This will pave the way for all spouses married out of community of property without accrual to seek some form of relief when they’ve contributed to a marriage in non-financial ways.
Section 7(3) currently provides that spouses married out of community of property before 1984, may apply to the court for a redistribution of assets, despite their marital regime being out of community of property.
What’s so special about 1984?
It’s the year in which the Matrimonial Property Act introduced the accrual system for marriages out of community of property. Couples married out of community of property before 1984 didn’t have the option of accrual so it’s not applicable to their marriage – unless they subsequently applied to change their marital regime.
The public are generally familiar with accrual being the ability to have the best of both worlds. It allows you to retain separate property and act independently of your spouse, while still enjoying a form of joint estate whereby anything accrued during the marriage is shared between the spouses. We commonly hear of there being an “accrual claim” (meaning a claim to split assets acquired during the marriage) by one of the spouses, either on death or divorce.
Now that’s settled, let’s return to the judgement at hand
First things first, it’s important to bear in mind that this judgement doesn’t deal with the question of spousal maintenance, but rather with overriding the provisions of an antenuptial contract in order to allow a spouse to share in their spouse’s actual assets. There will, accordingly, be a plethora of influential factors in each spouse’s attempt to make their claim.
In the case at hand, the estranged wife of a wealthy farmer sought the court’s assistance in declaring section 7(3) unconstitutional as it didn’t allow for a redistribution of assets in her circumstances. The parties were married in 1988 out of community of property, without accrual. One would be inclined to argue that the wife had a choice of accrual at the time.
However, she claims she was forced into signing an antenuptial contract, without accrual and now has no claim to the empire her husband built with her help. (And what an empire. You can read all about it in the bestselling book Fortunes – The Rise and Rise of the Afrikaner Tycoons where he is described as a “mega-farmer ultrapreneur”.)
If you fail to plan, you plan to fail
Core to her argument was that the provision only allowed spouses married out of community of property to seek a redistribution order if their marriage was entered into prior to 1984. This, coupled with a very convincing argument centred around the wife’s contribution to the marriage, the household, working on the farm and raising the children, is what led the court to take exception with the words “prior to 1984” used in section 7(3).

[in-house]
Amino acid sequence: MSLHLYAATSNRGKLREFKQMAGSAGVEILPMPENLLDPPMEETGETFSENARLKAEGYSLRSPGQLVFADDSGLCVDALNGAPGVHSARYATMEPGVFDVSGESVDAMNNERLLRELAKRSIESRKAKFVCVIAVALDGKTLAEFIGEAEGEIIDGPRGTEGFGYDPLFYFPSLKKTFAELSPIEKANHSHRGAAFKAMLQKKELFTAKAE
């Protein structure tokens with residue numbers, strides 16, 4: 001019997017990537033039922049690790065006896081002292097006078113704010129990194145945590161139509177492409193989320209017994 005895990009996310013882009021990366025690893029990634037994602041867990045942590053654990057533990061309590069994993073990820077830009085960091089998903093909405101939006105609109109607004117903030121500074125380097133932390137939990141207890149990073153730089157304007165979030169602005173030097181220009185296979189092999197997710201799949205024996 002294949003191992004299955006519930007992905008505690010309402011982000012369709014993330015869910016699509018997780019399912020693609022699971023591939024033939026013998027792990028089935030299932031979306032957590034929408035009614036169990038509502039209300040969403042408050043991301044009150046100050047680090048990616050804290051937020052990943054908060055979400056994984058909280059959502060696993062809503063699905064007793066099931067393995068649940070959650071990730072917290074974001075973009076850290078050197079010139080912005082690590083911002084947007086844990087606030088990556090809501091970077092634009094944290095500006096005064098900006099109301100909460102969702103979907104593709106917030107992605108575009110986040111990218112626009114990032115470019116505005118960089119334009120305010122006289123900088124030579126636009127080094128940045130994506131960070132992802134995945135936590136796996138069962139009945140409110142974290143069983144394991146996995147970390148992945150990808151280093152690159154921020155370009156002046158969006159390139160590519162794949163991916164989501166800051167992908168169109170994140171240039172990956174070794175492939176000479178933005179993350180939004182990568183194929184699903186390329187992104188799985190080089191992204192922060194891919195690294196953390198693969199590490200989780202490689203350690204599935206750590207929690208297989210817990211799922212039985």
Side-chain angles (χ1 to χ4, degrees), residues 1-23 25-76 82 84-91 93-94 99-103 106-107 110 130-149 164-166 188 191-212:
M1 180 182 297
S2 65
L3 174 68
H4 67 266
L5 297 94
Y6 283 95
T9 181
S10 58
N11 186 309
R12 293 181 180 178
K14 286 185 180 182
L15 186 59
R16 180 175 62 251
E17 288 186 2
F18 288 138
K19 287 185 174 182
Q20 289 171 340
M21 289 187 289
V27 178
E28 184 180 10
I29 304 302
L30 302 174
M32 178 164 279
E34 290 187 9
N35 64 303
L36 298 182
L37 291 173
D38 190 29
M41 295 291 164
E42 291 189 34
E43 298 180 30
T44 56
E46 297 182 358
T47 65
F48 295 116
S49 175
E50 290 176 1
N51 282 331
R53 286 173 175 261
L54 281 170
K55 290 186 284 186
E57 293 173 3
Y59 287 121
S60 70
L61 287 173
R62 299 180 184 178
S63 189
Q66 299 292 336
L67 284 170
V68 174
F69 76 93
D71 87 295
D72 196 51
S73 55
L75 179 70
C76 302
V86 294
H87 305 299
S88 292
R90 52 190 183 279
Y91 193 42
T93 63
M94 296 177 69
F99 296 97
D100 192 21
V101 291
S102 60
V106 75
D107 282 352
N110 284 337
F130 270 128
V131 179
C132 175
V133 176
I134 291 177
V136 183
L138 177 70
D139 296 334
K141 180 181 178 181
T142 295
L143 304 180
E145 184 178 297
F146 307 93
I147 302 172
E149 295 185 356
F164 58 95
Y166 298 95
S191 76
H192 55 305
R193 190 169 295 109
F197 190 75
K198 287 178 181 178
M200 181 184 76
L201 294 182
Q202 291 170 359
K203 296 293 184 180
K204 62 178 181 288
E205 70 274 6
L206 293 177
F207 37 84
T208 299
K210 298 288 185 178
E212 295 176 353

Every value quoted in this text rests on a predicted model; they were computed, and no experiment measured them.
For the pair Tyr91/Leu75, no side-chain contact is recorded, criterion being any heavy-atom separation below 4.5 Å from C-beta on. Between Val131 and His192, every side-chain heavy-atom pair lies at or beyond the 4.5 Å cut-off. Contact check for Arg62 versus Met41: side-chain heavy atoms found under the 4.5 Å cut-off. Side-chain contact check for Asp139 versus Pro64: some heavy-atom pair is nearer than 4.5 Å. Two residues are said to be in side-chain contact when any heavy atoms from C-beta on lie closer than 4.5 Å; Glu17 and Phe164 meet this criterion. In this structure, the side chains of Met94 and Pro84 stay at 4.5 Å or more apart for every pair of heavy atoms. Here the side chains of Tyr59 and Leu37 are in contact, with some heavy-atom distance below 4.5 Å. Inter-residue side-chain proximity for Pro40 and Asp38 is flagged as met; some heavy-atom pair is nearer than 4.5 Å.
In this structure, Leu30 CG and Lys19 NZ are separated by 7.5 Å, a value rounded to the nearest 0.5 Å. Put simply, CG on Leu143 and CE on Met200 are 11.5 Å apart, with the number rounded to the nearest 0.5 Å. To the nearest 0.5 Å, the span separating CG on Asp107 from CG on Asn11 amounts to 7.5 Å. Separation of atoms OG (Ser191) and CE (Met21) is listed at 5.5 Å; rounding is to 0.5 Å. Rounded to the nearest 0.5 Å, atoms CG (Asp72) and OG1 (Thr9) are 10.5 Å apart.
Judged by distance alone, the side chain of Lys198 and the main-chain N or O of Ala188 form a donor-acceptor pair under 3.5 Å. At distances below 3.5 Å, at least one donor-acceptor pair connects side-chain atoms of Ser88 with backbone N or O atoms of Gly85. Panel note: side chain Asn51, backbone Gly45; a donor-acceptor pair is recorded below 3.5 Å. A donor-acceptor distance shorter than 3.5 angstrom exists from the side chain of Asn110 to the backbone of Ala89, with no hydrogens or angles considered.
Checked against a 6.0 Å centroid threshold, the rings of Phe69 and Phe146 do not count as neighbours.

The court declared this phrase to be inconsistent with the Constitution as it afforded the option only to those married out of community of property prior to 1984, while excluding those married out of community of property after 1984. It’s this imbalance in equal opportunity that the court took issue with.
The fight is not yet won
All eyes will now turn to the Constitutional Court to see if the highest court in the land agrees with the Pretoria High Court. If they do, this will then pave the way for all spouses married out of community of property without accrual to seek some form of relief when they’ve contributed to a marriage in non-financial ways. Alternative means of contribution to a marriage have long been recognised during South African divorce proceedings. This, coupled with the fact that the core objective of our Constitution is equality before the law, is why legal professionals are largely anticipating that our Constitutional Court will agree with the Pretoria High Court’s views.
What does this mean for me?
Generally, if you’re married out of community of property, your estate planner will note it and move on. If you’re married subject to the accrual system, further discussions with your estate planner and/or financial advisor might centre around who has a potential claim – and attempting to try to plan for that by providing for some liquidity.
With this judgement so fresh, it’s too early to issue general rules of thumb about planning for the possibility of a redistribution. One can only deal with the possibility on a case-by-case basis until more generally accepted forms of guidance are available. After evaluating the case, your estate planners and financial advisors can determine whether you’re at lower or higher risk of a redistribution.
What about deceased estates?
Although the Divorce Act is currently the focus, there’s a possibility that a spouse will see this judgement as an opportunity to make a claim against a deceased estate. Death is, after all, an event that annuls a marriage. Allowing this would surely be seen as providing equal opportunity – a core objective of our Constitution.
If this were to happen, executors would have to be guided by the court order that would set out what relief must be awarded or not awarded. Bear in mind that litigation in the estate will result in delays in the finalising of your estate and might even see a rise in executor fees, or the disallowance of any dispensations previously offered by the relevant executor on their fees.
The bottom line
It’s never a bad idea to plan ahead. As Benjamin Franklin said, “If you fail to plan, you plan to fail.” It’s crucial to have comprehensive estate planning if you discover that you might be at higher risk of falling victim to things like a potential redistribution in terms of section 7(3). At Sentinel, our estate planners have hugely symbiotic relationships with your financial advisors, making this a dream team for you and your estate planning needs. For more information, or to sit down with a professional, contact Sentinel International Advisory Services today.